Are you enabling a loved one with addiction? Here’s what you should know to shake you out of this enabling pattern and ultimately provide the help they badly need.
Loving someone with a substance use disorder is different. A whole lot different. They, the so-called addicted individuals, are incapable of reciprocating that love. This is because their lives are mainly driven by a force greater than love, actually: a force called addiction. But that doesn’t mean they don’t love you. They do. They just can’t choose you over their addiction. In return, you find yourself with enabling behaviors that will do them more harm than good.
Before you consider enabling as something appropriate, think about this: the addict’s emotions and behavior patterns have been hijacked. Their main motivation now revolves around getting to that state that only drugs or alcohol can bring them. And they would do anything, even if it means taking advantage of the people that love them.
Take this for example. Your loved one may approach you for grocery money, saying they haven’t been eating right for a while. So you take a little bit of pity (if not a lot) and give them money. But then you’ll find out they just spent it on drugs or alcohol.
You know who’s to blame for this? You.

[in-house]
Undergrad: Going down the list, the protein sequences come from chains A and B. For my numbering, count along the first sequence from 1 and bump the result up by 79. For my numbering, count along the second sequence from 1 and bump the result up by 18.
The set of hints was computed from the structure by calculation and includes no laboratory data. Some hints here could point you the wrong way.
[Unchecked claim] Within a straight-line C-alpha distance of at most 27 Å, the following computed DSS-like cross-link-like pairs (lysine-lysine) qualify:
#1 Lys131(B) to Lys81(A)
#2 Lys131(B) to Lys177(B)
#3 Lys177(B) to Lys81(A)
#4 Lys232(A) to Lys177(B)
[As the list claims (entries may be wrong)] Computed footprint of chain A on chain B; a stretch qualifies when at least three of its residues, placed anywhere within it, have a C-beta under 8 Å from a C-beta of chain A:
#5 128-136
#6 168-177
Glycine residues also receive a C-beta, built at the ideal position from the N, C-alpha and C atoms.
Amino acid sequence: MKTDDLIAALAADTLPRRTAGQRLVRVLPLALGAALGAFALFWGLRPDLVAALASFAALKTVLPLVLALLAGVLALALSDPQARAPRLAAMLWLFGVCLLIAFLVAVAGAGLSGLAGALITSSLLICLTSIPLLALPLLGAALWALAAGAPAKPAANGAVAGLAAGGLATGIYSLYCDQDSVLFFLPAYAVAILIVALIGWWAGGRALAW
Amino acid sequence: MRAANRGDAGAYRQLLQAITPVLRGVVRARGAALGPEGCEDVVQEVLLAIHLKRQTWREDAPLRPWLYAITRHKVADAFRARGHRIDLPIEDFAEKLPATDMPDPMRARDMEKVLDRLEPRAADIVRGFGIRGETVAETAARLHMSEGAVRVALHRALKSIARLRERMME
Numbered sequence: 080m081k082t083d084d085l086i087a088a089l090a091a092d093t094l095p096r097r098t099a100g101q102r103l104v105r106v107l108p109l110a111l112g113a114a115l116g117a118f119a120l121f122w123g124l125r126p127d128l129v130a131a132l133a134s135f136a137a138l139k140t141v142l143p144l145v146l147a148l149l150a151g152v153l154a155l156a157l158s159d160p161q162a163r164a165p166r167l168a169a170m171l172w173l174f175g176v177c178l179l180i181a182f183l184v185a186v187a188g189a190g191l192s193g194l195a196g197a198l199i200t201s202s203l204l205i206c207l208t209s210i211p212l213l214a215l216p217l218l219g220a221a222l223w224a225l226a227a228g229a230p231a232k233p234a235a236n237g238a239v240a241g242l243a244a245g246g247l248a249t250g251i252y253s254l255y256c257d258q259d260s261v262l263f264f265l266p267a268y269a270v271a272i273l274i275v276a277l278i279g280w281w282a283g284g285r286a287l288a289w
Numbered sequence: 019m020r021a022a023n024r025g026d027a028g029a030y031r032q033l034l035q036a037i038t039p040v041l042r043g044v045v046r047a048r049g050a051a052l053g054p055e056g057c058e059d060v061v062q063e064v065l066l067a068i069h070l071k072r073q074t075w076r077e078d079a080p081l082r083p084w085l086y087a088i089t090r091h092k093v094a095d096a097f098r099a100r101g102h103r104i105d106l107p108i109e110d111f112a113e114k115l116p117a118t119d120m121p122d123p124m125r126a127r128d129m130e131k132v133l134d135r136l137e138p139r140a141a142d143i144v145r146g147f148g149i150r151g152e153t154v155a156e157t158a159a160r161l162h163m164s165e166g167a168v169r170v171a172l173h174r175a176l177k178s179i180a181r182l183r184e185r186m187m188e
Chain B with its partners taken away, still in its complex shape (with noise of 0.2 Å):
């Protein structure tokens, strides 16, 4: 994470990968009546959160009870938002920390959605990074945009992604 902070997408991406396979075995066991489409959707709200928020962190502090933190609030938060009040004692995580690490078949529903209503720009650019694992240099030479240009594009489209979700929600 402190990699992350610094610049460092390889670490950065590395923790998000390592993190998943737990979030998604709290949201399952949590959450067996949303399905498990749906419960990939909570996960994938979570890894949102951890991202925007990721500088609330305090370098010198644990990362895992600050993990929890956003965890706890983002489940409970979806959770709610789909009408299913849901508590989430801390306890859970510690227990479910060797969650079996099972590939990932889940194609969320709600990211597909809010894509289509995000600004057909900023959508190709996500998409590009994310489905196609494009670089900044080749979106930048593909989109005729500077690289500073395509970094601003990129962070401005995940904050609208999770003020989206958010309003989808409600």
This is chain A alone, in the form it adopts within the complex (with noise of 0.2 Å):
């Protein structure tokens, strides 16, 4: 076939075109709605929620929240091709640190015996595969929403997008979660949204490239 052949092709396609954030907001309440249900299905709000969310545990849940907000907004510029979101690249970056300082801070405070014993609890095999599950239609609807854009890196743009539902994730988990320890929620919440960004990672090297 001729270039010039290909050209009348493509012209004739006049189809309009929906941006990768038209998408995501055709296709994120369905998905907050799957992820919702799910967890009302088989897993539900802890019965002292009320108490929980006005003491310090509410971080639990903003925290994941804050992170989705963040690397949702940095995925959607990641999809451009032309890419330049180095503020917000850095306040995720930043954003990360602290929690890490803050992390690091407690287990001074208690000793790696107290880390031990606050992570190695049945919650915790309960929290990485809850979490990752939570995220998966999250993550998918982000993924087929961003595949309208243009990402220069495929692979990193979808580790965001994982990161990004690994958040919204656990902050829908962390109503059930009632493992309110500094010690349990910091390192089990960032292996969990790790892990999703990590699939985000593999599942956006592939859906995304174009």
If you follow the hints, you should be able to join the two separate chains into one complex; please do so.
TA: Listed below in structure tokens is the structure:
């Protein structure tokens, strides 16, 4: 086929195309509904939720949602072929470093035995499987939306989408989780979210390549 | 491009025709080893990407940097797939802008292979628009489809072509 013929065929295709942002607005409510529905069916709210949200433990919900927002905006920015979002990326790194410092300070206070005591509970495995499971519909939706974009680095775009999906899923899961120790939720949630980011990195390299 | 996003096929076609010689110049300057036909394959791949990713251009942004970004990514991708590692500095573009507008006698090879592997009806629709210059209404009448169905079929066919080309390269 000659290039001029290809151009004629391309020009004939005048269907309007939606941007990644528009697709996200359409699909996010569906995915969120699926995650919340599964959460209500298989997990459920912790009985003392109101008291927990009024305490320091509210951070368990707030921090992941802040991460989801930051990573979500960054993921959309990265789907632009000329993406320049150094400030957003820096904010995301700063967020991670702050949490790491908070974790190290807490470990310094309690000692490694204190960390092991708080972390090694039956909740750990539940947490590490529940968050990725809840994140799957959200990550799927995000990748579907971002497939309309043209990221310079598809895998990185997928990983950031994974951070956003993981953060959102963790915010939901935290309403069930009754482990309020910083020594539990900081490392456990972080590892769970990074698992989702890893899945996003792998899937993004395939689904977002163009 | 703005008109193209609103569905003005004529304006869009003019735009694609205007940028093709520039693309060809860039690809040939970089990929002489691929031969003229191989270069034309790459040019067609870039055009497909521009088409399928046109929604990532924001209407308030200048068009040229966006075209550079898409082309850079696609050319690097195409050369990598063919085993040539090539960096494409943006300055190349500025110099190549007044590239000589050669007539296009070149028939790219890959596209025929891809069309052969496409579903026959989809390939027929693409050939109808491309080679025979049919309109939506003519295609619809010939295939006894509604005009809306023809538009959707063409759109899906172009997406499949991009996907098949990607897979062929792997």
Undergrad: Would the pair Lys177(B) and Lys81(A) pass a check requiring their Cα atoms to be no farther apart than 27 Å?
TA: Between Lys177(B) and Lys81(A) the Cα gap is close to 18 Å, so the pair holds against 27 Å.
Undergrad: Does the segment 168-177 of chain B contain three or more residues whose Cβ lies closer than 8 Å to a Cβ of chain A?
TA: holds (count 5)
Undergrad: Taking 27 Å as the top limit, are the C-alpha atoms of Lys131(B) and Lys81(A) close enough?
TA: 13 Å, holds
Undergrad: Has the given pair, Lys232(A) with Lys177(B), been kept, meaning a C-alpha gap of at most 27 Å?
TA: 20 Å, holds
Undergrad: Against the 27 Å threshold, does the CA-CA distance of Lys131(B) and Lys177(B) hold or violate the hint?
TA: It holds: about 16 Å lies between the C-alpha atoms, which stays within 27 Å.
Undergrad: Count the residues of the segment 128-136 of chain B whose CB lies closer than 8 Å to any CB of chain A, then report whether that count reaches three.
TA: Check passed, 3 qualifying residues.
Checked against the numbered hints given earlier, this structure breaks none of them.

This is because you should take them to the store, have them get what they need, and pay for it yourself. This is far from the earlier scenario, where you are actually enabling the addict.
Handing out cash to the addict is directly helping them, supporting their addiction. You can help your loved one for the better by changing the way you deal with them–by avoiding enabling behaviors. You have to be tough while still being supportive of their well-being and possible recovery.
Dealing with an addict is very difficult. It can even be overwhelming and frustrating at times. However, you have to learn hard truths about dealing with an addict, giving them tough love, doing things that are not easy to do. This is because what you’ll learn about dealing with an addict actually goes against what you know are were taught about loving another person.
In fact, you can even tell your loved one to go away, send them out, and for others who are looking in, this can be a horrible thing to do. But it could save their lives. More often than not, addicts just need to feel cornered or even reach their rock bottom, before they see that they have a problem and needs help. Once this happens, you have to be there to give them support and provide them choices so that they can be rehabilitated.
All this may be harsh, but that’s the reality of addiction.